Widening inequality

By Dhurjati Mukherjee

March 13, 2019

New Delhi: Poverty has been plaguing most countries of South Asia, specially India. Successive governments have tried to eradicate poverty but such attempts or the strategy adopted may not be on the right lines, even though some positive results may have been accomplished. But while one can contemplate abolishing poverty say in another decade or so, the inequality that we witness in society, has been widening with every passing year.

It is extremely difficult to tackle inequality and narrow the gap between the rich and the poor. Various reports have come up in recent years showing the dimensions of inequality, specially the ones by Oxfam, but no strategy by any country of how to bring down inequality has been put forward.

Remember, the latest Oxfam report found that 73 per cent of wealth generated in 2017 went to the richest one per cent, while 67 crore Indians, who comprise the poorest half of the population, saw one per cent increase in their wealth. Moreover, renowned economists Lucas Chancel and Thomas Piketty had observed that current inequality in India is at the highest level in 76 years.

Very recently a wealth study by property consultant, Knight Frank revealed that Asia’s billionaire population is set to outpace other regions between 2018 and 2023. The number of billionaires from the region will rise by 27 per cent, surpassing growth in North America (17 per cent). India saw a whopping rise of 116 per cent in billionaire population between 2013 and 2018, while the expected growth of 37 per cent for the next five years (2018-2023) beats the global and regional average. The country’s wealth is expected to charge ahead over the next five years with the number of ultra high net worth individuals (UHNWIs) rising to 2697.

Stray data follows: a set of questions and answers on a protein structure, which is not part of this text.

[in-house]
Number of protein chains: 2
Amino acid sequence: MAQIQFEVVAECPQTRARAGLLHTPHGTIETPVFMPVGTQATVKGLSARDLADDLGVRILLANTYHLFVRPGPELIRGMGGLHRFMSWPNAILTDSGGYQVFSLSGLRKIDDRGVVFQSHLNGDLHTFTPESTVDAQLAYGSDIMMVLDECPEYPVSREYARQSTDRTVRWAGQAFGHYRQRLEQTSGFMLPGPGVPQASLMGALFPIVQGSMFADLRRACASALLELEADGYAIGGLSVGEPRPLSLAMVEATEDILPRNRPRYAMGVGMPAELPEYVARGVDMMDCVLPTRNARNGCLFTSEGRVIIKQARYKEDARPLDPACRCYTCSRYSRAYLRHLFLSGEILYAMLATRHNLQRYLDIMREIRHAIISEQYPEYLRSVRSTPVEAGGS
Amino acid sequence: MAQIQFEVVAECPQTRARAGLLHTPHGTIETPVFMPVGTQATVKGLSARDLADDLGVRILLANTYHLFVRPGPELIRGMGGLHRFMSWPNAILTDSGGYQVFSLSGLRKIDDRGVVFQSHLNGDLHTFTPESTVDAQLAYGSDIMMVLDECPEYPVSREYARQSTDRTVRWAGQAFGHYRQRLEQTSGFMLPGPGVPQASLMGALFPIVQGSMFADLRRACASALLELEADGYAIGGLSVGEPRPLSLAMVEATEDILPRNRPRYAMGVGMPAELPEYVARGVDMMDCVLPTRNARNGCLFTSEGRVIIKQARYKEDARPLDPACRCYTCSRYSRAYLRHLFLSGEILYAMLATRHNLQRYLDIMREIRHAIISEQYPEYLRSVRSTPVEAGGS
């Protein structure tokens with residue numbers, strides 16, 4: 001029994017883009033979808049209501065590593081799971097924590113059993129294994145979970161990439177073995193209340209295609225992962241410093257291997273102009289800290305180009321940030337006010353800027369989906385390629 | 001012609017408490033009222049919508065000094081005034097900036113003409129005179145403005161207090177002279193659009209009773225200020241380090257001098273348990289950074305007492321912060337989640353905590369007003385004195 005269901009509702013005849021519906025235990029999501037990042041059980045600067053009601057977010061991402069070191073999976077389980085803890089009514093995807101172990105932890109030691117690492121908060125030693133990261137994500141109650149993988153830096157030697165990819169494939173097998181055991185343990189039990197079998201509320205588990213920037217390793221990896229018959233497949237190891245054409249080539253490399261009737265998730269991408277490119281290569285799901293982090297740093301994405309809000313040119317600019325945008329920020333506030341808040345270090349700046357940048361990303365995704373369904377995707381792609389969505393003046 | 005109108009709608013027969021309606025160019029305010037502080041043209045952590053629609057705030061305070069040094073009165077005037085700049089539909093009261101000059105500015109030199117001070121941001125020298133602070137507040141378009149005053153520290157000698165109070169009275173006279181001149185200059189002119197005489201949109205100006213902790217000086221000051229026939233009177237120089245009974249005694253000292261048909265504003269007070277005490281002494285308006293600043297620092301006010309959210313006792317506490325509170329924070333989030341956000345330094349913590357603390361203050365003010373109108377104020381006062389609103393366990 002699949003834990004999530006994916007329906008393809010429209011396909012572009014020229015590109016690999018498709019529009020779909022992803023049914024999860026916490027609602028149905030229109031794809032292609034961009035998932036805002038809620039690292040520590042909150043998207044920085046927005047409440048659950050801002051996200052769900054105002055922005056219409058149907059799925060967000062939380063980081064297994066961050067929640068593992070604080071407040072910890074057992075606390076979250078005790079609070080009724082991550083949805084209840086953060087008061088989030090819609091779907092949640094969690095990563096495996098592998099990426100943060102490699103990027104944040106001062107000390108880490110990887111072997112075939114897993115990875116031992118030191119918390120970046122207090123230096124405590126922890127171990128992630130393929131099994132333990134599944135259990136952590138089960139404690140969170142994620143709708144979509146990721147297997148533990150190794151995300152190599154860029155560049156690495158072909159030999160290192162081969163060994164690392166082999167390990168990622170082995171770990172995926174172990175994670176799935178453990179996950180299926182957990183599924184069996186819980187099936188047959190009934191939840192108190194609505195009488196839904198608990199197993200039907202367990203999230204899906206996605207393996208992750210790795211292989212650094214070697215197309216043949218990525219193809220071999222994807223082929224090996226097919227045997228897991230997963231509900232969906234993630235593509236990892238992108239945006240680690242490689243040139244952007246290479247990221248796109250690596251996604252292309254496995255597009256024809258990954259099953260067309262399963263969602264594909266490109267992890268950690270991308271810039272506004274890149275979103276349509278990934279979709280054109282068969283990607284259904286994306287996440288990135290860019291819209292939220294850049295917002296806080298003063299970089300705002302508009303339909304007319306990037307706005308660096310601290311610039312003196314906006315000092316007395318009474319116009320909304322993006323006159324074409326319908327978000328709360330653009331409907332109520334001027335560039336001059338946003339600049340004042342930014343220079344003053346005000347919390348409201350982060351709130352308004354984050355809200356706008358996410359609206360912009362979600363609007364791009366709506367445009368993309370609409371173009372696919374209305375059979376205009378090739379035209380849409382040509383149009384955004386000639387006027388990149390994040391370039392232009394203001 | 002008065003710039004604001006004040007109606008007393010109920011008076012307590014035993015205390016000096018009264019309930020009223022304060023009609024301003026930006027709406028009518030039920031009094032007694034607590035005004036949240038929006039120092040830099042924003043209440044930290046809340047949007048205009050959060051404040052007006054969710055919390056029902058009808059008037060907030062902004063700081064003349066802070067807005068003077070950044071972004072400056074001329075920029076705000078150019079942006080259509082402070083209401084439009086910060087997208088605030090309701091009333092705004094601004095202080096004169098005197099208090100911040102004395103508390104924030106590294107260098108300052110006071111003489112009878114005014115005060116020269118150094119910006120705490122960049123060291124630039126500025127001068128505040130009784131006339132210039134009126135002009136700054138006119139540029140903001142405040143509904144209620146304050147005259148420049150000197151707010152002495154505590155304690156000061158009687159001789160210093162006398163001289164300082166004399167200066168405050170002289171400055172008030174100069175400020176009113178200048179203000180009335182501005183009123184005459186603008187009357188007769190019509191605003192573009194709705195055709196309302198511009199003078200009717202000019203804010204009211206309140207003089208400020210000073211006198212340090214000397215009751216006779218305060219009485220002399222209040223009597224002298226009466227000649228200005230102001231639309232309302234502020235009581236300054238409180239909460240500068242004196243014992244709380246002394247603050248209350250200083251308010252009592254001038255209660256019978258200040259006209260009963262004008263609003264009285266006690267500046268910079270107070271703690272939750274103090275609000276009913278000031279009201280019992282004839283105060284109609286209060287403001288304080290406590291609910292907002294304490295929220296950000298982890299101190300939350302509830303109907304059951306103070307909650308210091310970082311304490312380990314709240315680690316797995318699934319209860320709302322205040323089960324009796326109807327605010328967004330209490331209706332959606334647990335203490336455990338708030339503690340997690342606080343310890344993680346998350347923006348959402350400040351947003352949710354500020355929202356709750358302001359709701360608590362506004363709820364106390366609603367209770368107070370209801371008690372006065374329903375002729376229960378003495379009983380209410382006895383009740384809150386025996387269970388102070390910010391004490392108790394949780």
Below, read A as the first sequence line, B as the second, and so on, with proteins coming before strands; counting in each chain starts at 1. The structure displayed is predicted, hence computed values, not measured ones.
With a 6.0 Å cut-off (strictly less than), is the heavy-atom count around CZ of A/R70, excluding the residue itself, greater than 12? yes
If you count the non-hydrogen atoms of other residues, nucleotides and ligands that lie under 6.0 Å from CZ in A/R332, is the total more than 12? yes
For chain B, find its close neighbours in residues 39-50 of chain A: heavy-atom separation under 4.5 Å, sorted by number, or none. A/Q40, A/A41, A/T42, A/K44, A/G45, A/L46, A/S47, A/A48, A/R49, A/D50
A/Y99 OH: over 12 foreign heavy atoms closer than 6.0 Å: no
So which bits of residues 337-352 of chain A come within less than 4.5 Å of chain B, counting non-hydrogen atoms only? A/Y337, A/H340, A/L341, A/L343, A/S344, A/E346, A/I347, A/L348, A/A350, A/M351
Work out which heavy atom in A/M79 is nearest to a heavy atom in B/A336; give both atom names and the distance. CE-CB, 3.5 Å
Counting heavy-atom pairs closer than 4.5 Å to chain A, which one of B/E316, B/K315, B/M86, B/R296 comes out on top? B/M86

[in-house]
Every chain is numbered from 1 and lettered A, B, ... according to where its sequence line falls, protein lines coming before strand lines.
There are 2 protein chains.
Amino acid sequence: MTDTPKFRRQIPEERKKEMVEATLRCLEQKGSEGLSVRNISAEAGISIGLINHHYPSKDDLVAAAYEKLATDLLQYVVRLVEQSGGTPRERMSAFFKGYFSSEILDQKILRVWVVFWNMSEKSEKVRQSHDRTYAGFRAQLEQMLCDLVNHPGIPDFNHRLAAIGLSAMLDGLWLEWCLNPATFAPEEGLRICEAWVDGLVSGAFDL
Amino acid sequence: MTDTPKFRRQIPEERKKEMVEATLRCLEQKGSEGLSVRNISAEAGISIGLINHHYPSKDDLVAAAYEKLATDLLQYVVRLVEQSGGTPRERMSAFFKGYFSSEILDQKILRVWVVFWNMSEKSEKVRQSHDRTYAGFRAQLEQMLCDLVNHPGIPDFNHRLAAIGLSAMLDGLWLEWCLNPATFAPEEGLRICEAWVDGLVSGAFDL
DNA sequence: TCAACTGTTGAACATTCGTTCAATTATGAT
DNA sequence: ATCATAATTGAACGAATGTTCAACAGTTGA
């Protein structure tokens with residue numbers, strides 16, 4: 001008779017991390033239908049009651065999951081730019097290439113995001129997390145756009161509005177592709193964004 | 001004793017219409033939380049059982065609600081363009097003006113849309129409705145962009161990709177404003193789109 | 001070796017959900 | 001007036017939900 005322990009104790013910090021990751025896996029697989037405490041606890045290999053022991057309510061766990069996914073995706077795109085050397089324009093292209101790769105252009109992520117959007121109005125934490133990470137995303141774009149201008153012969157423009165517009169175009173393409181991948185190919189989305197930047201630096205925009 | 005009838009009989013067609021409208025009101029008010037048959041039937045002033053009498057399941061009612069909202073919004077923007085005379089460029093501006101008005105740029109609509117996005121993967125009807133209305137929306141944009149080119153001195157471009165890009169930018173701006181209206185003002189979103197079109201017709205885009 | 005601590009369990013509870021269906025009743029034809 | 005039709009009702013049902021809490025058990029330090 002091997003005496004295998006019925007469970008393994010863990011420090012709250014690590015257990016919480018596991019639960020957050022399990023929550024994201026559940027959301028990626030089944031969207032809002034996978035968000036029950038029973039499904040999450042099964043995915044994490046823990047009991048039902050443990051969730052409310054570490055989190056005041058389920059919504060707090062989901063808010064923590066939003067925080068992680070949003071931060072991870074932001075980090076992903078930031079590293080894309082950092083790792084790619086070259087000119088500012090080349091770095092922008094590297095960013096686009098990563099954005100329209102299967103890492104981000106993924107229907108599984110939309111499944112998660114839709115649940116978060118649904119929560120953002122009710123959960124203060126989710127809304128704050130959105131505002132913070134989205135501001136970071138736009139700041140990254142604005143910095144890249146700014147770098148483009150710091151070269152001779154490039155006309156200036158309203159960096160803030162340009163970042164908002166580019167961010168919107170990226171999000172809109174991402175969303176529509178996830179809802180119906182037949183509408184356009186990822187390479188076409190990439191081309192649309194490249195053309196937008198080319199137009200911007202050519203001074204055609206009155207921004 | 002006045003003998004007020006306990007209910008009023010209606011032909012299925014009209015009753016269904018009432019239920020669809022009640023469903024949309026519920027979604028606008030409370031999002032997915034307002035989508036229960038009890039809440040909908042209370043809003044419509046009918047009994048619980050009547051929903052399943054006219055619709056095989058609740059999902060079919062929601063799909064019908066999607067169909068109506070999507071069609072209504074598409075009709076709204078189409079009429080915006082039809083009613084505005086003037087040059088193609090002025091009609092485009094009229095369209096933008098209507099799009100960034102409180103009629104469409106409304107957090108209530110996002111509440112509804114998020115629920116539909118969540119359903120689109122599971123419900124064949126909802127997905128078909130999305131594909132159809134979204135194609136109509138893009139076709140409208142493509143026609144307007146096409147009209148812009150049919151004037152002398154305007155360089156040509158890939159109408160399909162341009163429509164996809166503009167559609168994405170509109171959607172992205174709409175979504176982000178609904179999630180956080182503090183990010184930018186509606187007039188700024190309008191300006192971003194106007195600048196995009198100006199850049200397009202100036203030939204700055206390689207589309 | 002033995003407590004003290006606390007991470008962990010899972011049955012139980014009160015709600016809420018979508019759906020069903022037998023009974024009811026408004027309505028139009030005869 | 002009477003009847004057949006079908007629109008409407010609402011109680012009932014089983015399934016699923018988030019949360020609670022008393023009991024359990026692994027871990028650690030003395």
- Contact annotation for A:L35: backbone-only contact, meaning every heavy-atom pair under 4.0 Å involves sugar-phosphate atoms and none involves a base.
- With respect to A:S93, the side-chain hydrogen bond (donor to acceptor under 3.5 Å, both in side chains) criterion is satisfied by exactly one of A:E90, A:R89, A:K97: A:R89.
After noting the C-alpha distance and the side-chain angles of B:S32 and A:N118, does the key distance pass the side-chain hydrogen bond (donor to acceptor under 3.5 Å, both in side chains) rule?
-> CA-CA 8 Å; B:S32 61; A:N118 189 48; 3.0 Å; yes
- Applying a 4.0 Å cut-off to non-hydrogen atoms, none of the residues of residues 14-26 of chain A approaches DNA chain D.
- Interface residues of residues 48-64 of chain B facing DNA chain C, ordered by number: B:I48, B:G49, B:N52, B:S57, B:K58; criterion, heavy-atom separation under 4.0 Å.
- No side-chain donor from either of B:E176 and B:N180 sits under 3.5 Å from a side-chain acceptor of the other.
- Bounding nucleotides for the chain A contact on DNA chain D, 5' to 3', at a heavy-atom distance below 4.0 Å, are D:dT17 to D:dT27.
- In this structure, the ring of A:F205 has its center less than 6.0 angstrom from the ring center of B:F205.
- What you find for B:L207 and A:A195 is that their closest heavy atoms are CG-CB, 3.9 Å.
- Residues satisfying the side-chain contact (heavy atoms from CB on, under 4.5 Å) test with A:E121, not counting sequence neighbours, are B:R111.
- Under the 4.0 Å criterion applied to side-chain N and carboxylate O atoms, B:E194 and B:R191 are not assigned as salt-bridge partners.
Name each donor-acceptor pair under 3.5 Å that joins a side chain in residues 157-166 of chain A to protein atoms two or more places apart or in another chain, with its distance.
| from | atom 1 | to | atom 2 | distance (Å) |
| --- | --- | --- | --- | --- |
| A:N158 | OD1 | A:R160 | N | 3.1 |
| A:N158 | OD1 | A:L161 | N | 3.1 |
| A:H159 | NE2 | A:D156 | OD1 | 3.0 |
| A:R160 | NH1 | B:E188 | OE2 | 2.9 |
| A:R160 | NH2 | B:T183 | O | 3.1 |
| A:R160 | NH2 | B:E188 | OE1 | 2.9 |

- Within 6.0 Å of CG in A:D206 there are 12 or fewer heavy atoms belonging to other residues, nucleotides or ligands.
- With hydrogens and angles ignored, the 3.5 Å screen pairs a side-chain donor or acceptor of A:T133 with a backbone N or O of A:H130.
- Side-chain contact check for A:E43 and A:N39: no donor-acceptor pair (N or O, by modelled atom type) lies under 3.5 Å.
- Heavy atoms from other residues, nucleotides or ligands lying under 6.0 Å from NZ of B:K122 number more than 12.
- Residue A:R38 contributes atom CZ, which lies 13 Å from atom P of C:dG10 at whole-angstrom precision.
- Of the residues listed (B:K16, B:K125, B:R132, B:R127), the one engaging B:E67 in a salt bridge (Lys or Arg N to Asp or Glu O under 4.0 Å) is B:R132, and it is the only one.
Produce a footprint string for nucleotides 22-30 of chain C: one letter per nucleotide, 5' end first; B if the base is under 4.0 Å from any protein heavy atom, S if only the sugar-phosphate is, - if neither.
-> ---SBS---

If this be the situation, the word ‘development’ is left with no meaning. Economists and planners the world over, and specially in the Third World, where the dimension of inequality is brazenly evident, have proved that they have very little contribution in the development discourse. While it is understandable that politicians may have self interest or would like to align with the rich and shower them favours to get something in return, developmental economists are professional people.

All talks of inclusive and/or sustainable development has lost its meaning as these remain theoretical dictums and slogans, possibly meant to hoodwink the common mass. Or is it that in modern concept of development inequality would remain a key feature in society?

There has been some discussion regarding the maladies of inequality. In this connection, the undersigned would like to mention that at a recent conference in Bhubaneswar, the Registrar of a well known University pointed out that the rich who drive to 3 Star and 5 Star hotels have no feeling for the pavement dwellers and shanty colonies they see on their way. Clearly, grave are the maladies of inequality but the State virtually ignores these.

We talk of modernisation and the impact of technology in this process. May be those who are at the helm think that inequality can be ignored or some good words, from time to time, would help the impoverished, languishing in poverty and squalor. In such a situation, the question arises can society retain its passive and non violent character? How could people be made to accept that increase in incomes is for the higher echelons of society and standards of living of the rural poor need not be given priority?